Below are three examples of how the Lakota Berenstain Bears series could be used in the classroom. The Lakota Berenstain Bears Script and Glossary (Click “View Episodes”, “Episode Name” and “Supporting Materials”)

Face Value:

It was in the early 1980s; two men stepped into a studio at Sinte Gleska College and shared a group of sacred songs. The Lakota Ceremonial Songs were performed by John Around Him and translated by Albert White Hat Senior. The recordings were made in order to help teach others who want to bring the spiritual practices back to all of the people. It is believed that this was the first ceremonial recording produced after a ban had been placed on Native American religious ceremonies. The recordings were a milestone in the attempt to eliminate a culture and language.

The Lakota Berenstain Bears series is a milestone in Lakota/Native American history. This is the first children’s program ever translated into the Lakota language. The series represents an acceptance of a language that was once forbidden. Showing an episode in a classroom reinforces and encourages children to accept different cultures and languages.

From Book to Video (activity for older children):

This would be a good language arts experience for 5th - 12th grade. The original Berenstain Bears TV series is based on the books but they do not follow the text word for word. It is very interesting to compare an original text to a television adaptation. There is room for individual interpretation of the author’s vision. Visual background, characters, sound effects and voice are used to convey a message. Comparing a section in the book to a section of video can be an eye opener. Scenes, reactions and characters can be omitted or changed to fit the timeframe and vision of the television production. Was the author’s vision conveyed?

It is also very interesting to see if the author’s emotions are conveyed in the TV production(s). It would be very interesting to compare a section of the book, the original TV production and the Lakota version to see if the emotions are consistent. A complete understanding of the Lakota language is not necessary for this activity. I would have the students close their eyes for this activity. First a section of the book should be read, paying special attention to punctuation. Then I would locate the corresponding section in both TV versions and have the kids listen to them with their eyes closed. Then watch the section with their eyes open. Visuals and changes in voice pattern (tone and speed) are very important to convey emotion. Did the TV versions convey the expected emotions? Did the emotions in the original TV version match the Lakota version? (Arthur Emotion Interactive for Children)

Search the SDLN Library Card Catalog for the books at your library or receive them on loan.
Berenstain Bears, SDPB TV, Weekdays, 1:00pm CT
Lakota Berenstain Bears, SDPB TV Ch3, Sundays, 9:00am CT (watch online)

Learning Lakota

Each episode has an accompanying Lakota script and glossary, which can be found at the following site: The Lakota Berenstain Bears Script and Glossary (Click “View Episodes”, “Episode Name” and “Supporting Materials”) To start, select 1-2 Lakota words from the glossary. Select words that are repeated many times in the script. For example, select tȟaŋkší – younger sister (male term). Then, have the students listen for the term while viewing. Every time the term is said the students should hold up a red piece of construction paper. The teacher should follow along with the script also raising a red piece of paper. The students that have a harder time hearing the differences in the individual words will see the other students raising their cards. Over time distinctions in sounds will become apparent as more words are recognized and added to the working list of known words. This would be a slow process, but it would be a start. Starting with too many words would be very frustrating for the students and teacher. Printable images of the characters from the program. (Select a character by clicking the picture. The character images should be used if a child cannot read the word mother, father, brother or sister.)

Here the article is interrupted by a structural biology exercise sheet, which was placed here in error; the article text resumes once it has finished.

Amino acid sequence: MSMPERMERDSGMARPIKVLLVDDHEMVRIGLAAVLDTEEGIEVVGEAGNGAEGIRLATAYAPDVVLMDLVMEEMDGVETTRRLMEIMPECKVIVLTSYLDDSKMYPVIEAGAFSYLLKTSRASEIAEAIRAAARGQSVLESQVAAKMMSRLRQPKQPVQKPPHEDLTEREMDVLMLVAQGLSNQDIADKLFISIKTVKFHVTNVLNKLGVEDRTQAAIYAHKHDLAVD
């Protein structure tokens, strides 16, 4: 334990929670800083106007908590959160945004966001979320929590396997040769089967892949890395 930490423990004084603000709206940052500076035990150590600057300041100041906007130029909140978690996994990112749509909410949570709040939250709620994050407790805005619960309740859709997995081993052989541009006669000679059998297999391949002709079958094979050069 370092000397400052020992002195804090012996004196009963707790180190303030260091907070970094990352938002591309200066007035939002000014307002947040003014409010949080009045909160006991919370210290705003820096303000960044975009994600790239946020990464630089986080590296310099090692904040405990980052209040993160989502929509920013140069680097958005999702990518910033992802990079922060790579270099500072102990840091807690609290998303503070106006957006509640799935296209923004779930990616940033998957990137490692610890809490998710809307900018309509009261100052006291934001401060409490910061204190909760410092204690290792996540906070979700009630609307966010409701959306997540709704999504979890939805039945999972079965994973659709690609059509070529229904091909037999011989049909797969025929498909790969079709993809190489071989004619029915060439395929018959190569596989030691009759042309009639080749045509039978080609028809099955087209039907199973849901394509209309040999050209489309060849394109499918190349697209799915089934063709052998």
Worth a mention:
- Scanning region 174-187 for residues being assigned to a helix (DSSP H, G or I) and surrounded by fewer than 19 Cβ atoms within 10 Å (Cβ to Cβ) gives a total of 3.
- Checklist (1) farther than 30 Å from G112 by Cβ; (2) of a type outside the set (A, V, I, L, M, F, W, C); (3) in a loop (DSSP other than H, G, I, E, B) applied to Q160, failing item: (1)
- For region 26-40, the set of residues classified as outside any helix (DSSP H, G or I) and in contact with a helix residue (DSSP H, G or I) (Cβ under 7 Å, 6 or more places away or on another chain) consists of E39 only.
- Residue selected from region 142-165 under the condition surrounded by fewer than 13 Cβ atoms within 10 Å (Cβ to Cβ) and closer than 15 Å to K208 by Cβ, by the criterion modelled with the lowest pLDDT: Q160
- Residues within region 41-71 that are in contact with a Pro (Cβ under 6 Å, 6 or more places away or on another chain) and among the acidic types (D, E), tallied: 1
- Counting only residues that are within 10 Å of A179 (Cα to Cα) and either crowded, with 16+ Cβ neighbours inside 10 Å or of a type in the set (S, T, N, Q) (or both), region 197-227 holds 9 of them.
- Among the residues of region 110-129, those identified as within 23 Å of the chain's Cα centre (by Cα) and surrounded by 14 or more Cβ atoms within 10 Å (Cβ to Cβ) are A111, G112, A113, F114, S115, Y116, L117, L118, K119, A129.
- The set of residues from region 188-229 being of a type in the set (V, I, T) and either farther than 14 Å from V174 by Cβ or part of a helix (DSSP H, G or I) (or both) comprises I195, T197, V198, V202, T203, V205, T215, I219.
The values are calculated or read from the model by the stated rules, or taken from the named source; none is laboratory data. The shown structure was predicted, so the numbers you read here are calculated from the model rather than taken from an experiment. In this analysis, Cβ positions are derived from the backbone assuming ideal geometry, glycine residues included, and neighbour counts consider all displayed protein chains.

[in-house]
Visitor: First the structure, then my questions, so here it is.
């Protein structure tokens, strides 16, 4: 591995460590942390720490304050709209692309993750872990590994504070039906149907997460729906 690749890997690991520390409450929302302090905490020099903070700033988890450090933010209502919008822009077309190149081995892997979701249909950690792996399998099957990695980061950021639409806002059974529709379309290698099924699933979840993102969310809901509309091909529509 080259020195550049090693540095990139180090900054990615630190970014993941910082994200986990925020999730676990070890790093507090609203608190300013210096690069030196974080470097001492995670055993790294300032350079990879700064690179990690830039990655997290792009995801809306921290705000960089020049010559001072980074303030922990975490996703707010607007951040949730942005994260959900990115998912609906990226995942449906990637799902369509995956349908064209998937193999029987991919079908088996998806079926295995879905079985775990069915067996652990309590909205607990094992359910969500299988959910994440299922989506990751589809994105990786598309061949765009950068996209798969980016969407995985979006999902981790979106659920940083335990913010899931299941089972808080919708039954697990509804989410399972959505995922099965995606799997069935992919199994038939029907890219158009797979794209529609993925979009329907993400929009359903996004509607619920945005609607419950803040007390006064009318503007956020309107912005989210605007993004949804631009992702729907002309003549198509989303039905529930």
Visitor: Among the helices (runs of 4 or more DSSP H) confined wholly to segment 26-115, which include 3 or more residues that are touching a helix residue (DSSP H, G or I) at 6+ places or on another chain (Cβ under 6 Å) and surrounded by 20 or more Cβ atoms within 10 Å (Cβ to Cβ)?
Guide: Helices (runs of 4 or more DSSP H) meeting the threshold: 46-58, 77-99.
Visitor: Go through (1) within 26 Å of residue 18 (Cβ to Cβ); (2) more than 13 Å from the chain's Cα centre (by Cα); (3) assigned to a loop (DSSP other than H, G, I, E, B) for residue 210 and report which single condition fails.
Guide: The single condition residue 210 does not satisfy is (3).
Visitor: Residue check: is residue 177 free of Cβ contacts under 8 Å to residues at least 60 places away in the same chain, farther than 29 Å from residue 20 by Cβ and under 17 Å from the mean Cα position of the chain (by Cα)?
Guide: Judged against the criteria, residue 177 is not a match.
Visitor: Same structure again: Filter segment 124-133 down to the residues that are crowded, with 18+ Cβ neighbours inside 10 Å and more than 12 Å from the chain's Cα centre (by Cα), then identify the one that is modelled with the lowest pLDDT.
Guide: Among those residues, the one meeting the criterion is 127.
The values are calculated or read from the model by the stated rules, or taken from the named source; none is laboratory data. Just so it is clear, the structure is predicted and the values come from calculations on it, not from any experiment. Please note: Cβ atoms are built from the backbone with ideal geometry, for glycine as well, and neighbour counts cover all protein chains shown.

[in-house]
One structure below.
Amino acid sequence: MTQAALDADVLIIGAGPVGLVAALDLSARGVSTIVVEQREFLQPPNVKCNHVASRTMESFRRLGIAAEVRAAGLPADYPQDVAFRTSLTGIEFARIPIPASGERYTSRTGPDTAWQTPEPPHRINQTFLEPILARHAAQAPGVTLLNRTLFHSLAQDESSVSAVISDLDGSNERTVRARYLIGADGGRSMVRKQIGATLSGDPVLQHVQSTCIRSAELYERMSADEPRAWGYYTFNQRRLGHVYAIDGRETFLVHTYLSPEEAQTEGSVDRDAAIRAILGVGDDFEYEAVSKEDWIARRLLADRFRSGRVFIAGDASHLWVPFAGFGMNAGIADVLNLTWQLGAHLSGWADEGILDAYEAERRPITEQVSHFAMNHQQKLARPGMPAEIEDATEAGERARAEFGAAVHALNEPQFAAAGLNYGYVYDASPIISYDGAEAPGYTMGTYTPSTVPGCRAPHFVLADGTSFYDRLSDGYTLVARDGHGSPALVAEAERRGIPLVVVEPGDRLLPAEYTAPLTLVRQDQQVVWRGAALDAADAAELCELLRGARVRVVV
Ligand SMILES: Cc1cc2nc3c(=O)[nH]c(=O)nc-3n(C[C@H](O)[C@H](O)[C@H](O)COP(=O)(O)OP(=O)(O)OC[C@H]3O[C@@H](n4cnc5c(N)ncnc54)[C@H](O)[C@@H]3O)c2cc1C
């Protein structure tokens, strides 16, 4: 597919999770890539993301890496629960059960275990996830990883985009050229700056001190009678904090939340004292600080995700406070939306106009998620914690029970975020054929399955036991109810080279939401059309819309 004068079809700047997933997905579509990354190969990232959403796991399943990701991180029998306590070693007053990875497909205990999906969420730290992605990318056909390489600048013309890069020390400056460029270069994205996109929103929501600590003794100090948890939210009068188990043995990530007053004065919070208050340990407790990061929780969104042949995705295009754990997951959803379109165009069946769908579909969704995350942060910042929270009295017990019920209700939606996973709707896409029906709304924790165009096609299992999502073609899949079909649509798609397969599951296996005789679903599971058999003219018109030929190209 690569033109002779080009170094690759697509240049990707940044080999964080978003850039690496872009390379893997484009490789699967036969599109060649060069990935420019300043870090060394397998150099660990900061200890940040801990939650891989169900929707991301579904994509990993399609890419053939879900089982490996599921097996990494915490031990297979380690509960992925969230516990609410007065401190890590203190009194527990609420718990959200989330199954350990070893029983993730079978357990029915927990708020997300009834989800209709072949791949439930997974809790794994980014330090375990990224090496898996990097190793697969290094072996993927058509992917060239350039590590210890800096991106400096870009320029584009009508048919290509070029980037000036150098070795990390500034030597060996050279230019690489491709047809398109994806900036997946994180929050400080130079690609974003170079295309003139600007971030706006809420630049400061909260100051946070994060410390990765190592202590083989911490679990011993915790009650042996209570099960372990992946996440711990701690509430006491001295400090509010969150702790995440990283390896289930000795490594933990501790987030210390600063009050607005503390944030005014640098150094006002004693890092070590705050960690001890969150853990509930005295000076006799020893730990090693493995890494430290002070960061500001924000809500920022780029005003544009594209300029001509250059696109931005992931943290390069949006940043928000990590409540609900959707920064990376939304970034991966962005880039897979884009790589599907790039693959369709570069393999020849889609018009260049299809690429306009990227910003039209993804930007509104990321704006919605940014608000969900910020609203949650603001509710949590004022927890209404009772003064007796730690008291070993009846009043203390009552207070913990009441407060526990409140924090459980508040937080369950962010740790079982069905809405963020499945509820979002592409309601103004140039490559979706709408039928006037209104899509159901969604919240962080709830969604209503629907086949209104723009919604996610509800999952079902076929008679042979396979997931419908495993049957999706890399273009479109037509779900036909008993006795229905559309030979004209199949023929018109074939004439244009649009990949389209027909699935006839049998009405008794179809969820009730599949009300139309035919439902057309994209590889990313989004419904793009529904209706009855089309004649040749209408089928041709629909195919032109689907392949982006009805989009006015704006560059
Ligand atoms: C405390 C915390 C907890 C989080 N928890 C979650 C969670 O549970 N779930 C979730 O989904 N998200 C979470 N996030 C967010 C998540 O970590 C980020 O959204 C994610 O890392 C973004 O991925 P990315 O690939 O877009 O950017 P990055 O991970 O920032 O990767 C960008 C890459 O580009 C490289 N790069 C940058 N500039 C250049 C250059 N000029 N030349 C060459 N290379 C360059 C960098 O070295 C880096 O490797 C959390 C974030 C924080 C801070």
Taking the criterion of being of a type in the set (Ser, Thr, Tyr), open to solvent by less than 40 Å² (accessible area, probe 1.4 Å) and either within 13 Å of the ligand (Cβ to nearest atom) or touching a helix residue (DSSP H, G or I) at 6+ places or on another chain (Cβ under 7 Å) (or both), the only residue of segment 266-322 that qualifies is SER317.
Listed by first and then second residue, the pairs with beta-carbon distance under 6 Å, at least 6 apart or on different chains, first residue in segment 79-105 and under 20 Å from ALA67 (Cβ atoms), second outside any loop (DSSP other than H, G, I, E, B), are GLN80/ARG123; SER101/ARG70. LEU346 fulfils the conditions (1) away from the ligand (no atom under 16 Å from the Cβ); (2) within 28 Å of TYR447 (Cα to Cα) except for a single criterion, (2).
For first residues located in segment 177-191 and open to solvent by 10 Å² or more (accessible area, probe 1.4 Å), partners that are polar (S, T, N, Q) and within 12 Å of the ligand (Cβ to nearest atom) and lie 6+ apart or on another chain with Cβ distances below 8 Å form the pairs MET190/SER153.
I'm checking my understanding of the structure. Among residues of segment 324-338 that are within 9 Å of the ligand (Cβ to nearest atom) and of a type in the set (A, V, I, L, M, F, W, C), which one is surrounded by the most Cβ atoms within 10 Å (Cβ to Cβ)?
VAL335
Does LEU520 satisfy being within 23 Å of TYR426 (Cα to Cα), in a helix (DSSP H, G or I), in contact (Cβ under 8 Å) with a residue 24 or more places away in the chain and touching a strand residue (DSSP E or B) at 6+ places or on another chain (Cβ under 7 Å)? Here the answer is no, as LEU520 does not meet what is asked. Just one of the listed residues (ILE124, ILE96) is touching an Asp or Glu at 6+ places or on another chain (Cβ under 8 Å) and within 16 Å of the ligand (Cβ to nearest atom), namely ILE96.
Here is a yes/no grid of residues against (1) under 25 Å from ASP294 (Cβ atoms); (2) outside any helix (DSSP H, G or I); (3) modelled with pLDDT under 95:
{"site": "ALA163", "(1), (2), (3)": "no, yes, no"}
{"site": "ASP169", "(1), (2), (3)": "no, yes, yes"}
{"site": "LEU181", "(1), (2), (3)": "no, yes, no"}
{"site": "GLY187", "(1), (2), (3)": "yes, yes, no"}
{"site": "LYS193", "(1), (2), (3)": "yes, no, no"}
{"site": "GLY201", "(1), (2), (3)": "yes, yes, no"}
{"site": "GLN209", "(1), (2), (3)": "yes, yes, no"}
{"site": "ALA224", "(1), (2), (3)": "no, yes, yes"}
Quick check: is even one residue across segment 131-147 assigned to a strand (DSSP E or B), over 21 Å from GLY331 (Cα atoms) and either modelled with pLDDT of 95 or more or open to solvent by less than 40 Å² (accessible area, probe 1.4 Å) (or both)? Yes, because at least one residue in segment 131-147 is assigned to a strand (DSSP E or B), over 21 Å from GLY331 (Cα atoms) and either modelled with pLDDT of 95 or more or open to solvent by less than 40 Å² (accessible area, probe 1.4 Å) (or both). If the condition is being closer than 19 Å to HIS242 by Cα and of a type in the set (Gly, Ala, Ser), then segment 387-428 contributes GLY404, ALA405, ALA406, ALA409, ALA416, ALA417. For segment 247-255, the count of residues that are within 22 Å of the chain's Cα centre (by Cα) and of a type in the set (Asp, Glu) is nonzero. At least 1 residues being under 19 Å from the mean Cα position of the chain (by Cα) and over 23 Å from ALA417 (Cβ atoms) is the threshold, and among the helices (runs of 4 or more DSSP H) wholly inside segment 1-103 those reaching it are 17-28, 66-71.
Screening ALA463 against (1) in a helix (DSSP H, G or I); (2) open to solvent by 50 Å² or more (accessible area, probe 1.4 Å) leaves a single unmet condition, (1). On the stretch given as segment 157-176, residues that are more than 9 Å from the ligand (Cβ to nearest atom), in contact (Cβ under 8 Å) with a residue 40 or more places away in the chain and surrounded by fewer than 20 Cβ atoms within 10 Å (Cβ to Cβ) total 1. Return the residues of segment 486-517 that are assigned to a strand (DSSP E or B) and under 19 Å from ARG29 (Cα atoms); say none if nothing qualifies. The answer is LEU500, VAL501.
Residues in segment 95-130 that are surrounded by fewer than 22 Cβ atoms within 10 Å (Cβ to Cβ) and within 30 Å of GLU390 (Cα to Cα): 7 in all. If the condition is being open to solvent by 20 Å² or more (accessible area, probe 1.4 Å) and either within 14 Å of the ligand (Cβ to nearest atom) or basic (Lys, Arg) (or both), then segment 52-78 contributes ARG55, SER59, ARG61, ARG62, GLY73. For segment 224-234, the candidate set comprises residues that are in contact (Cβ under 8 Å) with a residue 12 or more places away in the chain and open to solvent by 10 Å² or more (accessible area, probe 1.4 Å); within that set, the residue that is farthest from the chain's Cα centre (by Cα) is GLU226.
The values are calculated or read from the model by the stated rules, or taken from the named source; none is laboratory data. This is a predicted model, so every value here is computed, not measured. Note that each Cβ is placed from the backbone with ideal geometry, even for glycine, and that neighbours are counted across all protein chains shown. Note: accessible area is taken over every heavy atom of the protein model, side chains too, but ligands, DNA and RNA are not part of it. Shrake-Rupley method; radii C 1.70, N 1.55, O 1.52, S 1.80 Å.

Lakota Berenstain Bears: Episode 7a - Out For the Team (Tȟab’ápȟa Akíčhiyapi) Activity Ideas Below Description

The Lakota Berenstain Bears Resources (Click “View Episodes”, “Episode Name” and “Supporting Materials”)

The Berenstain Bears (Click "Caregivers")

New Lakota Dictionary Online

Description:
Brother and Sister are good baseball players and both sign up to try out for the Bear Country Cardinals. The problem is, there’s only one position left on the team. Worried about the humiliating possibility of losing to his talented kid sister, Brother backs out of the competition. Sister has some encouraging words for Brother which inspires him to stick with it. The two cubs practice for the big tryout together. (Native American, Indian, Standing Rock Sioux Tribe, Lakota Language Consortium, Standing Rock, Cheyenne River, Pine Ridge, Rosebud, dialects, language, The "Matȟó Waúŋšila Thiwáhe")

Lakota
Matȟó Hokšíla é na tȟaŋkšítku kiŋ tȟab’ápȟa wóphikapi naháŋ nakúŋ nuphíŋ Bear Country Cardinals ób škátapi kte ȟčiŋ. Akšáka waŋžíla ópȟakhiyapi kte kéyapi yuŋkȟáŋ Matȟó Hokšíla tȟaŋkšítku kiŋ kȟapȟíŋ kte šni ikȟópȟa čha íyaikpat’o. Ho éyaš iyénayiŋ kte šni čha, tȟaŋkšítku glawáš’akiŋ na okášpe k’uŋ hé uŋmá kaȟníǧapi kte itȟókab ókičhiyapi na ptáyela iíglutȟapi.